Some children splash among jets of water while other children build sandcastles next to swaying coconut trees and a flowing river a stone’s throw away.
Is this an island resort far, far away? No, it is right in the centre of a new lifestyle being built around the Punggol Waterway.
Punggol Waterway Park
The Punggol Waterway Park is designed for families and consists of a water play area, a sand pit, a fitness corner and the Adventure Bridge.
EXPECTING SOON?: Read This as You Prepare for Baby's Arrival
Punggol Waterway Park
The main attraction of Punggol Waterway Park is its water play area where spray tunnels create a spider’s web of mist, geyser-like water jets sprout up from the ground and water cannons stand ready to jet water at those in need of a dousing. While there are places where you have to pay a pretty penny to access such water fun, it is absolutely free at Punggol Waterway Park. However, and rightly so, the water play area does not operate until someone presses the button on the fire-engine red pole with an arrow labeled “Press Here”.
Punggol Waterway Park’s water play area
I wonder what this button does…
For those who prefer sand to spray, head down the terraced banks of the park to a sand play area. Sitting by the banks of the Waterway, this sand pit offers white sand for play with idyllic coconut trees decorating its edge, evoking the feel of carefree kampong days.
As close to a beach as you can get along the Waterway.
Rounding up the rest of the facilities of the Punggol Waterway Park is a fitness corner for the adults and the Adventure Bridge.
The bridge, even though a suspension bridge by design, is extremely stable. Secretly, we wished it would sway more as we crossed the bridge to the far bank which has terraced slopes, reminiscent of how rice is farmed in parts of Southeast Asia.
Have an adventure, but on foot please…
What we like about the Punggol Waterway Park is that there are a variety of activities for the entire family in a compact area. The water play area is free and there are toilets nearby for kids to wash up aftewards. The sand play area provides a good alternative activity and the sand is abundant.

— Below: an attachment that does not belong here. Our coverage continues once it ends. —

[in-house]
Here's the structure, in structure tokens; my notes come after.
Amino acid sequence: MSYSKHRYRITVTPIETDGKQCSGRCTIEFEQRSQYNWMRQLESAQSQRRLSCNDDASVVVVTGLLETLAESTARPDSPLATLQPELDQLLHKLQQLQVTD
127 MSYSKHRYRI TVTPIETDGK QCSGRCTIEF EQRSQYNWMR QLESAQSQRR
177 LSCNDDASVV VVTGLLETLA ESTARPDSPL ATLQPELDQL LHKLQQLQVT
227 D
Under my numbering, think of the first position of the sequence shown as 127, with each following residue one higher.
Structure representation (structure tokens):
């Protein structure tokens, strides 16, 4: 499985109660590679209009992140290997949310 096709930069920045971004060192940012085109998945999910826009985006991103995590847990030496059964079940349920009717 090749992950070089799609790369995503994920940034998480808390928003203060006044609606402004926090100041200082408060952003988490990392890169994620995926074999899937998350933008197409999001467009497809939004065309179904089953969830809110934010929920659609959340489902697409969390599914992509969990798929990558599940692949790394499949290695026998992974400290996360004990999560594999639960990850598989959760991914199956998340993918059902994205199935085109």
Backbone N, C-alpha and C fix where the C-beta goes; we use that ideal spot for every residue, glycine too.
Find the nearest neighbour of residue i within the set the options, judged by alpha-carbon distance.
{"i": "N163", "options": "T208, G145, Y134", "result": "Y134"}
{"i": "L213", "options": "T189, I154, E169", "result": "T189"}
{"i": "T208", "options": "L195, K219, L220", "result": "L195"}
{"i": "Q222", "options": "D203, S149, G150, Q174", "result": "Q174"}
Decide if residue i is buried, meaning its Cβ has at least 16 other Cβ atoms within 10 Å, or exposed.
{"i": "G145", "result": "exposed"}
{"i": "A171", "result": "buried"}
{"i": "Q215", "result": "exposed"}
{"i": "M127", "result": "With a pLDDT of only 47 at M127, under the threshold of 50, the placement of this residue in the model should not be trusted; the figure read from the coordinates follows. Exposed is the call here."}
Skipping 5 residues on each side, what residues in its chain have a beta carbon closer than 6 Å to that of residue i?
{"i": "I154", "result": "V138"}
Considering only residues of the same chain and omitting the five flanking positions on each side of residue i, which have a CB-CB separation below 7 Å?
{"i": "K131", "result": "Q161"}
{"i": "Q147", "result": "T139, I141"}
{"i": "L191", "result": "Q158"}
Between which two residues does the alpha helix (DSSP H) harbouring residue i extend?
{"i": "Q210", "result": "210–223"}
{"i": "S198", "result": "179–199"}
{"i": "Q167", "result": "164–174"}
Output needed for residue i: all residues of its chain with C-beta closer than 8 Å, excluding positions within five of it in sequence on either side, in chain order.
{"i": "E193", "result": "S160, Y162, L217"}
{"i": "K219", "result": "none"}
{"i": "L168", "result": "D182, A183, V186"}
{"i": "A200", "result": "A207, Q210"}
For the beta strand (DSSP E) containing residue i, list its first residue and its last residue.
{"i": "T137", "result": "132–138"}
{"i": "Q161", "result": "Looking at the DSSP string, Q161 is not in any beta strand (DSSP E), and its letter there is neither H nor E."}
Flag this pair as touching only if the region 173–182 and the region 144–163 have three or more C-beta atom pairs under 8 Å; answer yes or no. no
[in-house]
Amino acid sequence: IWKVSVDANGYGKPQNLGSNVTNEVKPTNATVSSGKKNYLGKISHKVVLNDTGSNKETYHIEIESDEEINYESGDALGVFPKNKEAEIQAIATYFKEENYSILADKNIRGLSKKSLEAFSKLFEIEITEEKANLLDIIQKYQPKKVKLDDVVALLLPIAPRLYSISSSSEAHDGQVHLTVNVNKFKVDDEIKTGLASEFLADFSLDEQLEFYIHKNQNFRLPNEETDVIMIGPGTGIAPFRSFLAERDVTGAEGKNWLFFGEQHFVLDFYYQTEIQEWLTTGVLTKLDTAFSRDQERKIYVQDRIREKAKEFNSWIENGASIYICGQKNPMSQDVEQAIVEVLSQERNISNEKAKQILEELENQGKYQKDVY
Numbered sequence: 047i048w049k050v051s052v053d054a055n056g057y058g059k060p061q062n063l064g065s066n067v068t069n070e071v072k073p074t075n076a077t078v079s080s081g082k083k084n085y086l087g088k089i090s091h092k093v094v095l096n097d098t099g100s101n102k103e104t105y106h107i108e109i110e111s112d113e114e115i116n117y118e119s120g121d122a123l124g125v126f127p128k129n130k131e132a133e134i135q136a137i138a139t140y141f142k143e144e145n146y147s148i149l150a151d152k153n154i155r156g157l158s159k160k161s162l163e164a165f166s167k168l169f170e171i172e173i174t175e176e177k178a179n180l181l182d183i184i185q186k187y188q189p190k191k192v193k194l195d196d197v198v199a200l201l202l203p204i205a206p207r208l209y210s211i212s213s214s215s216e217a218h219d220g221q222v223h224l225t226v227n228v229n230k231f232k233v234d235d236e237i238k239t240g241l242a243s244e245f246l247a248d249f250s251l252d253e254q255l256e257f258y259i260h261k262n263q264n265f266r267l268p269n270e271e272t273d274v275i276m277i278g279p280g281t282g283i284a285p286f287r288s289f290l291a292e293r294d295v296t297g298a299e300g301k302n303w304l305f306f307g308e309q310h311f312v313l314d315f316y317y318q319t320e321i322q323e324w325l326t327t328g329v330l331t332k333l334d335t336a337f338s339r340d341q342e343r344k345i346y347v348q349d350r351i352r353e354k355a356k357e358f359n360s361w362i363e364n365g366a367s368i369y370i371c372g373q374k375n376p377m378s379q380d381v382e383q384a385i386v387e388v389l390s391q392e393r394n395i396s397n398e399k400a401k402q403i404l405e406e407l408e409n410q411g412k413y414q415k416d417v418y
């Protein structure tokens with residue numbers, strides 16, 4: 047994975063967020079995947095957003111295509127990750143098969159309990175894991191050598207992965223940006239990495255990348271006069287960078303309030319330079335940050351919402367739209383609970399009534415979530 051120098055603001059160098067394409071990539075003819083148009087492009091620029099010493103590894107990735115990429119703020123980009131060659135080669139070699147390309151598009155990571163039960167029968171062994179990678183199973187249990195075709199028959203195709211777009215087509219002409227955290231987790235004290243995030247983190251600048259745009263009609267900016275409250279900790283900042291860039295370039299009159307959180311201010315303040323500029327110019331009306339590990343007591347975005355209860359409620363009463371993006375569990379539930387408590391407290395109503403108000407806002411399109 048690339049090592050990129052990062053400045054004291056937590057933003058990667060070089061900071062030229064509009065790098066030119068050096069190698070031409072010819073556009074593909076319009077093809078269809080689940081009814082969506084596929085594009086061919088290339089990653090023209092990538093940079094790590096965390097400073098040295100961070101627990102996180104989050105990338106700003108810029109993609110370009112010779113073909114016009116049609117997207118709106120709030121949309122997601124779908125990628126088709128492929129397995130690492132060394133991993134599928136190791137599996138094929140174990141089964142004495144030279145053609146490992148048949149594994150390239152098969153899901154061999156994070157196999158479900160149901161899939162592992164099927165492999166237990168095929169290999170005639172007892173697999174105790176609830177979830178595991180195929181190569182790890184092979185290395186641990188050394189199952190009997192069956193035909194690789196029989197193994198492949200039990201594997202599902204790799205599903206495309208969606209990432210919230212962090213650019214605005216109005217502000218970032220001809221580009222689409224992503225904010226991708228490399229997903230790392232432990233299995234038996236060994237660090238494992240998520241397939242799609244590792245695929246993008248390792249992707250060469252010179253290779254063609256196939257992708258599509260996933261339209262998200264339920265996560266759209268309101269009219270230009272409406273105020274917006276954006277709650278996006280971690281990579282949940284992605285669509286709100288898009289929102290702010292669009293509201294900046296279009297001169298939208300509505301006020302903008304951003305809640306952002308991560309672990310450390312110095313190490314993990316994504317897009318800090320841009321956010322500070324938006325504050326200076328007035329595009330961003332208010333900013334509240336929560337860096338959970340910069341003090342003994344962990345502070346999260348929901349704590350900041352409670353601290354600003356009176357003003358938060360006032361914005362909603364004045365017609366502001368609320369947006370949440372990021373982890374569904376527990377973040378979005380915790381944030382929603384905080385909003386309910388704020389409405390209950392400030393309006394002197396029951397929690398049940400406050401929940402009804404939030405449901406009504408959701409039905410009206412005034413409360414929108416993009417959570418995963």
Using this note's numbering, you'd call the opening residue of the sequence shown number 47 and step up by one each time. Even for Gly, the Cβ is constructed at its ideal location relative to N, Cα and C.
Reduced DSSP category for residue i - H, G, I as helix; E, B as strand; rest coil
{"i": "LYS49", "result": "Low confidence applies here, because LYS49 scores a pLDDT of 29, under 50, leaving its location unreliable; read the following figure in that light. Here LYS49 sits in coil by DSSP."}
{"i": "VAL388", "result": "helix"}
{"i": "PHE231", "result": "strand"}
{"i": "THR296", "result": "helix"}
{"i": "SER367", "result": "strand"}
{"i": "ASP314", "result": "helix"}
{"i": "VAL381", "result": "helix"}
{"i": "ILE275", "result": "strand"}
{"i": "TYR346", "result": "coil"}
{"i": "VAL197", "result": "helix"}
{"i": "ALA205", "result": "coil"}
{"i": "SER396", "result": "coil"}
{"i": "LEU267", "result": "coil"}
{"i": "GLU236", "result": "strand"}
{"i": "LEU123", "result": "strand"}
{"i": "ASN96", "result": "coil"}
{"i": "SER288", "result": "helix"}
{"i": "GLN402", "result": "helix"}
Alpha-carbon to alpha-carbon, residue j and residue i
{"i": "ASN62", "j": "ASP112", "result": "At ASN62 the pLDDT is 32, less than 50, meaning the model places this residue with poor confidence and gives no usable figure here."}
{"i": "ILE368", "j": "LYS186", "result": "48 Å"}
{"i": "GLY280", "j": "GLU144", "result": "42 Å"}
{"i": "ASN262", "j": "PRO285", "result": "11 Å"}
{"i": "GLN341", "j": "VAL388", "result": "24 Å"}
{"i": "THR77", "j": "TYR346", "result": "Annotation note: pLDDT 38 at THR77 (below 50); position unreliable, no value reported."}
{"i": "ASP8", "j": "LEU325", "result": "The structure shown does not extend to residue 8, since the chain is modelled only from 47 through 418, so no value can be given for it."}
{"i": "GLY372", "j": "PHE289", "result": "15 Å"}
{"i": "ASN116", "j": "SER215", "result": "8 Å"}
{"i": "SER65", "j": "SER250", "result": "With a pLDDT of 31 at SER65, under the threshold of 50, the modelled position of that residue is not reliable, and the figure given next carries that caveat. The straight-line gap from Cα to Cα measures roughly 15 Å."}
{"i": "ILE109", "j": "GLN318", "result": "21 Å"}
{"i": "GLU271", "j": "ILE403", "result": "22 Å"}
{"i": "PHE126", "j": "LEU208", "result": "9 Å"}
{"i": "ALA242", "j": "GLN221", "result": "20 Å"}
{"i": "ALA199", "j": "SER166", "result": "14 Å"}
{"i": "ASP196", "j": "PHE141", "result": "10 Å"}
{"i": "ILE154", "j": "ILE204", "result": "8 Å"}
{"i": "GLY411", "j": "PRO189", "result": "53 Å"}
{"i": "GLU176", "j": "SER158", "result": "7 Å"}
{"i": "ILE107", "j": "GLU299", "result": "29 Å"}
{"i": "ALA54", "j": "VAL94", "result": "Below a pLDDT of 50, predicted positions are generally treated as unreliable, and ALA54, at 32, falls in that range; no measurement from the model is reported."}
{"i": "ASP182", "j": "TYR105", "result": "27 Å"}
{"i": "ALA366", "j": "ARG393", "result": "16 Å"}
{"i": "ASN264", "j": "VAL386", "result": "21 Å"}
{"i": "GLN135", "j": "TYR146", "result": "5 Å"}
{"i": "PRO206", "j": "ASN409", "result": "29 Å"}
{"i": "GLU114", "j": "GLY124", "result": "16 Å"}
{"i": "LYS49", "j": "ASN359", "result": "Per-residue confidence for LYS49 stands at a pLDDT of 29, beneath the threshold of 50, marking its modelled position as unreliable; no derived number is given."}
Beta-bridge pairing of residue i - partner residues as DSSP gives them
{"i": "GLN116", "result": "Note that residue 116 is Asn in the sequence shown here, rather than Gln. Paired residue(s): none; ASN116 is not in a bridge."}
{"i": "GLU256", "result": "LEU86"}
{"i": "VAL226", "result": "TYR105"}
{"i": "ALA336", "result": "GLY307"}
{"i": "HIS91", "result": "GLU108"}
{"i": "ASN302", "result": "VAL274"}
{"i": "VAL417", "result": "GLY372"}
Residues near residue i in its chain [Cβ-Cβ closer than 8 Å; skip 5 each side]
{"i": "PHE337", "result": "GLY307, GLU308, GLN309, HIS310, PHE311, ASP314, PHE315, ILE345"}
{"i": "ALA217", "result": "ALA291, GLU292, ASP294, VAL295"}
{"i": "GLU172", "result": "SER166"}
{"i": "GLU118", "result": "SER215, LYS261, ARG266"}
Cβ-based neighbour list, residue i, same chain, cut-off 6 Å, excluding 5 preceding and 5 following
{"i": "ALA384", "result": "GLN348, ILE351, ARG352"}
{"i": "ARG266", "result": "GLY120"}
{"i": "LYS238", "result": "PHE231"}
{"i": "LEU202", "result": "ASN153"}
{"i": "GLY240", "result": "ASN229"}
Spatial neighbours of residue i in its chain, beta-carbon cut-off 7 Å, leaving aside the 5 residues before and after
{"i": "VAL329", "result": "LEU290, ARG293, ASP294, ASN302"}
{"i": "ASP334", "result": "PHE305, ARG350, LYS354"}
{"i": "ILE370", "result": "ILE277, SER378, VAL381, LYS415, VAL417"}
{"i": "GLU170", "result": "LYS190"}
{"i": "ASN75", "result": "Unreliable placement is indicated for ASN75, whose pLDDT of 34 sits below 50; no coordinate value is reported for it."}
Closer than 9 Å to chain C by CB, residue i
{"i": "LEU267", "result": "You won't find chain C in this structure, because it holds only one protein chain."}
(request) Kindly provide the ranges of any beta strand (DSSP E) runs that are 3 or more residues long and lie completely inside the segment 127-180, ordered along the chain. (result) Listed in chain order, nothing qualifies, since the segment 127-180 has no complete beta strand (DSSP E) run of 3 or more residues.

The Punggol Waterway Park is found at a bend in the Punggol Waterway and serves as a convenient central point from which to explore the rest of the Punggol Waterway.
It is most easily accessible from Sentul Crescent and there are two car parks serving the Park. The car park that is NOT adjacent to a block of flats is more conveniently located right next to the Waterway Park. From the other car park, you have to walk across the vehicular bridge to get to the Park.
What Else is Around Here?
While you are there, you may also be wondering what else is along this stretch of water. Dubbed My Waterway@Punggol, the river stretches the length of Punggol from Sungei Punggol in the West to Sungei Serangoon in the East. The Waterway has a paved track alongside it for its entire 4.2 km length. There is plenty of construction going on but these are well-hoarded and the pathway has plenty of shelters and lookout points along the way.
The Punggol Waterway is roughly a straight horizontal line with two kinks in it. Five pedestrian bridges span the Waterway, providing distinct landmarks along the Waterway. There are also numerous vehicular bridges that cross the Waterway but the pedestrian path ducks below these vehicular bridges, allowing one walk or cycle the entire path uninterrupted.
West of the Waterway Park: Heartwave Wall and Sunset Strip
The Heartwave Wall recount Punggol’s past, from the time when the earliest settlers cultivated rubber and coconuts in plantations to the development of the Punggol 21 vision. With the different wall panels, you can share with the kids about what Singapore was like in the past and how far we have progressed.